Airbnb Reportedly Causing Rents in New York City to Climb, See Which Neighborhoods Were Hit Hardest

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A general view taken from the rooftop of a hotel in Manhattan shows New York City high rises on September 17, 2017. A report from the Comptroller said that Airbnb is driving up the price of rent in the city. Ludovic Marin/Getty Images

Rents in New York City are increasing thanks to the popularity of Airbnb rentals, said a new report from New York City Comptroller Scott Stringer.

The Comptroller found that not only did rents rise, as much as 35 percent in some areas, the number of Airbnb rentals across the city increased also. In 2010 there were 1,000 Airbnb rentals in the city and by 2015 there were 43,000 rentals total, a number that declined to 40,000 by 2016.

Data from the Comptroller shows the portion of rent increases in various neighborhoods due to the increase of Airbnb rentals and how much was due to other factors. A graphic from Statista shows the percentage of rent increase for several neighborhoods in New York due to Airbnb rentals.

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Data shows that the increase of Airbnb rentals across New York City have contributed to increasing rents. Statista

In all, about 9.2 percent of the increases in rent across the city from 2009 to 2016 were due to Airbnbs in the city, the report said. Those increases resulted in more than $616 million in 2016 alone that NYC residents ended up paying in the form of rent increases, said the report.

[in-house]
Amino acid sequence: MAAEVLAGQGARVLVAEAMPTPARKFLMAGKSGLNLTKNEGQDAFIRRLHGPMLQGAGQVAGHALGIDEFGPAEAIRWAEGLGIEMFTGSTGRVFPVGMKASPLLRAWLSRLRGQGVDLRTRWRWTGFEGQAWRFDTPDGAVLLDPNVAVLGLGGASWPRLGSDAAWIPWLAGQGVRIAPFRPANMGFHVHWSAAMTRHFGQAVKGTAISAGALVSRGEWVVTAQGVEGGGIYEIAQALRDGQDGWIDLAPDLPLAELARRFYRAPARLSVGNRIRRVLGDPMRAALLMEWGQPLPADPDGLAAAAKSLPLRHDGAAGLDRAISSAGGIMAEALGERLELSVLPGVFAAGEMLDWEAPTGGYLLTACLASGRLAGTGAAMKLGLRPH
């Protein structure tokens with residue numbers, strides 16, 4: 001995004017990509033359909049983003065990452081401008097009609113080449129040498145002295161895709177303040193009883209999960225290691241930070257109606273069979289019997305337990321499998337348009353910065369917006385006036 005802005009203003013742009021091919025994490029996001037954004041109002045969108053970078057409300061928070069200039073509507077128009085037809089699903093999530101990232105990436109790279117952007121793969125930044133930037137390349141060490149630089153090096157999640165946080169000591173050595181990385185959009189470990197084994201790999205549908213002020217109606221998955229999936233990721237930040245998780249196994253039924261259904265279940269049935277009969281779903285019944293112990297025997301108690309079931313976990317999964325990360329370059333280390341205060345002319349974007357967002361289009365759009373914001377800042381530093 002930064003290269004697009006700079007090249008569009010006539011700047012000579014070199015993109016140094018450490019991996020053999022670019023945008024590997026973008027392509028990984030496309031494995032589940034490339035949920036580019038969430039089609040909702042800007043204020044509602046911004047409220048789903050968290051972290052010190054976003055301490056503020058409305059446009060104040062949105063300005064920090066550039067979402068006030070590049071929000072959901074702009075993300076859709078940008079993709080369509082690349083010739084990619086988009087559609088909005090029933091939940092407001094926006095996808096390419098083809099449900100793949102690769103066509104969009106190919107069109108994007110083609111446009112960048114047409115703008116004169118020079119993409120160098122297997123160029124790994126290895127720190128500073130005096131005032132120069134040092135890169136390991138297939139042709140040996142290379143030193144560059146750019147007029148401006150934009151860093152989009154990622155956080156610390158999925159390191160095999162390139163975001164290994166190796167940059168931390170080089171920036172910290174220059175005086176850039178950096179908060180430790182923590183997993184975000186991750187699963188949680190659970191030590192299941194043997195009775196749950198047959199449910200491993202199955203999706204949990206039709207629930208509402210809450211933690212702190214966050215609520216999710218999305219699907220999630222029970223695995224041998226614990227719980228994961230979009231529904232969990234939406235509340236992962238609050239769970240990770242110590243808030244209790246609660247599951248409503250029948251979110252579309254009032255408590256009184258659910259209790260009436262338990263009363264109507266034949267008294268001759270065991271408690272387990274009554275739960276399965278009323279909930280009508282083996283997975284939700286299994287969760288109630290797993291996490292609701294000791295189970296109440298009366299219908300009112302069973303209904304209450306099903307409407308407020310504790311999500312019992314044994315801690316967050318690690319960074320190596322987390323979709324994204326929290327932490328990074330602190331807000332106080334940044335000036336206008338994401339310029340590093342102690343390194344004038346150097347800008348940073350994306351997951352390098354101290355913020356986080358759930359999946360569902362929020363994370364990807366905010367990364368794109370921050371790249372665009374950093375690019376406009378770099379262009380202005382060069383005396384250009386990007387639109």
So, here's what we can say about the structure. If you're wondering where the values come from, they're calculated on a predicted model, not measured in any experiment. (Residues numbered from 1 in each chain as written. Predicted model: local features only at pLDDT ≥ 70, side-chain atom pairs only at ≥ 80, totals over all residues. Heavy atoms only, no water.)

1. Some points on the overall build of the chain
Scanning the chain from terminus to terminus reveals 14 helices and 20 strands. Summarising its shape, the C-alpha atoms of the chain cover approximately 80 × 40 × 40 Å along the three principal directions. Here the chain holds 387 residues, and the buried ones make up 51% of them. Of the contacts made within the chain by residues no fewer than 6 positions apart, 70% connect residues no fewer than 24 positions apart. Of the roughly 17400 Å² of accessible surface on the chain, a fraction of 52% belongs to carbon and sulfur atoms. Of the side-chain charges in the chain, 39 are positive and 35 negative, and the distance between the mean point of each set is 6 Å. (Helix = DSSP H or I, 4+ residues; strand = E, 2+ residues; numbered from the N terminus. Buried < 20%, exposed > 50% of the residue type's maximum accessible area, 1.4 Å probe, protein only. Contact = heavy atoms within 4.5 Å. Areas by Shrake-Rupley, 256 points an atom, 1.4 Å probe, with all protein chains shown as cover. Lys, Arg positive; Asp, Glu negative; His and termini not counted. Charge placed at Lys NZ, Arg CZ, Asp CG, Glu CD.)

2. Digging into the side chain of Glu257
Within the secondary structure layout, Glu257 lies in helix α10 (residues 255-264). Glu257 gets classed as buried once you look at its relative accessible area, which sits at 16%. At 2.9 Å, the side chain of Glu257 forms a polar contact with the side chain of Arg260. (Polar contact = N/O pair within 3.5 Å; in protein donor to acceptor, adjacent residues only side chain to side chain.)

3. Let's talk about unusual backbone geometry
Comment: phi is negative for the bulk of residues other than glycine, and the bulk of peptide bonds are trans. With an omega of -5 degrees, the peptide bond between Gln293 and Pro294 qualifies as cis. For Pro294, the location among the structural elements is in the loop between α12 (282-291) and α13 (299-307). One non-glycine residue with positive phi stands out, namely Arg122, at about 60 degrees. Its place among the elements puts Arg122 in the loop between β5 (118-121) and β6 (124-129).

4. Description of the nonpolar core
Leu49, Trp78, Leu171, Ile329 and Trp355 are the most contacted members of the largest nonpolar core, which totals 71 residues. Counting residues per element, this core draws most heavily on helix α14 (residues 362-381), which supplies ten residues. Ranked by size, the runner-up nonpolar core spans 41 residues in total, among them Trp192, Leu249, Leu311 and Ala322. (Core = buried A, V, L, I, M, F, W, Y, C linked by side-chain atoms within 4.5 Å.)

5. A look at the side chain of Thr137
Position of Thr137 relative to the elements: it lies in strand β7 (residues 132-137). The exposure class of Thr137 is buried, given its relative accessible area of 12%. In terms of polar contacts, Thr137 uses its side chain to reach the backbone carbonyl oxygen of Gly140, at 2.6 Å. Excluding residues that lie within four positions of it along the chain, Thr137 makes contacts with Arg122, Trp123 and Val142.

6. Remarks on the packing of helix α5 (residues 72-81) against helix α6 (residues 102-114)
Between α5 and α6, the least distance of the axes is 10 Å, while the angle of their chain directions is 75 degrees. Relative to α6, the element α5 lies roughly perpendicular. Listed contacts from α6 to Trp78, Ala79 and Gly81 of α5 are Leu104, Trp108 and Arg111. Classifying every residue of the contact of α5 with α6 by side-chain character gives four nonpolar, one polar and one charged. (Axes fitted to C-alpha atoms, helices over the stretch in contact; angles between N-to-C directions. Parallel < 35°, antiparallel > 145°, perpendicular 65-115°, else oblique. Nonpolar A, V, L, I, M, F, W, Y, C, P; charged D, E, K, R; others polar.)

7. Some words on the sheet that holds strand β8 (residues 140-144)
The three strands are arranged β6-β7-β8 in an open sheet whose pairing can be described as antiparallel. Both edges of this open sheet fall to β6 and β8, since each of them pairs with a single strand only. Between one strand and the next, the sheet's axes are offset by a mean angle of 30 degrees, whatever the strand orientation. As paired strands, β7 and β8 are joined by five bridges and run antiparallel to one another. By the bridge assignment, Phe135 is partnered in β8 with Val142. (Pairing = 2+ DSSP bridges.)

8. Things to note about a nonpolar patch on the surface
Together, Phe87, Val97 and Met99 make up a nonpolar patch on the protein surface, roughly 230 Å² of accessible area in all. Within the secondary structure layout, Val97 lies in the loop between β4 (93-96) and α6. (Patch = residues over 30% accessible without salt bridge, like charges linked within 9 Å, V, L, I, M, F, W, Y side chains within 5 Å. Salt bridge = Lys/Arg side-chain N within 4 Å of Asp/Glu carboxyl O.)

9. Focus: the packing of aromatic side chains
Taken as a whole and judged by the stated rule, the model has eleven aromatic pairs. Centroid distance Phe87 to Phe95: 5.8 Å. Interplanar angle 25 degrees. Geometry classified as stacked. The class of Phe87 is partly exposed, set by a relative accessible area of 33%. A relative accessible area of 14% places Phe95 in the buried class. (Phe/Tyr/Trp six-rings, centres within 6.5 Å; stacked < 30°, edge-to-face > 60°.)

Eight years of data from 55 neighborhoods was used to calculate the rent increases, said the report. The information about rents came from the American Community Survey while the Airbnb statistics came from AirDNA a site that collects information on the listings on the site each day.

Airbnb said the data from the Comptroller's report is way off and said is widely off base.

"The so-called Airbnb report in NYC is wrong on the facts & wrong on the conclusions," Chris Lehane, head of policy at Airbnb, tweeted. "Now Airdna, the very source of the data for the report, are refuting it. @NYCComptroller needs to retract this misleading report & disclose the hidden hand behind it.

An AirDNA spokesperson told The New York Times that the Comptroller did not contact the company about the study and that the numbers from AirDNA were misinterpreted. Saturday, the Comptroller's office released a statement publicly requesting that Airbnb release the data on its listings in New York.

"If Airbnb wants to have a real conversation about its impact on New York City, it should start by releasing raw data on all its listings – rather than fighting the City tooth and nail in court to hide its data, then hypocritically questioning the methodology of every study it doesn't like," said the release from the Comptroller's office.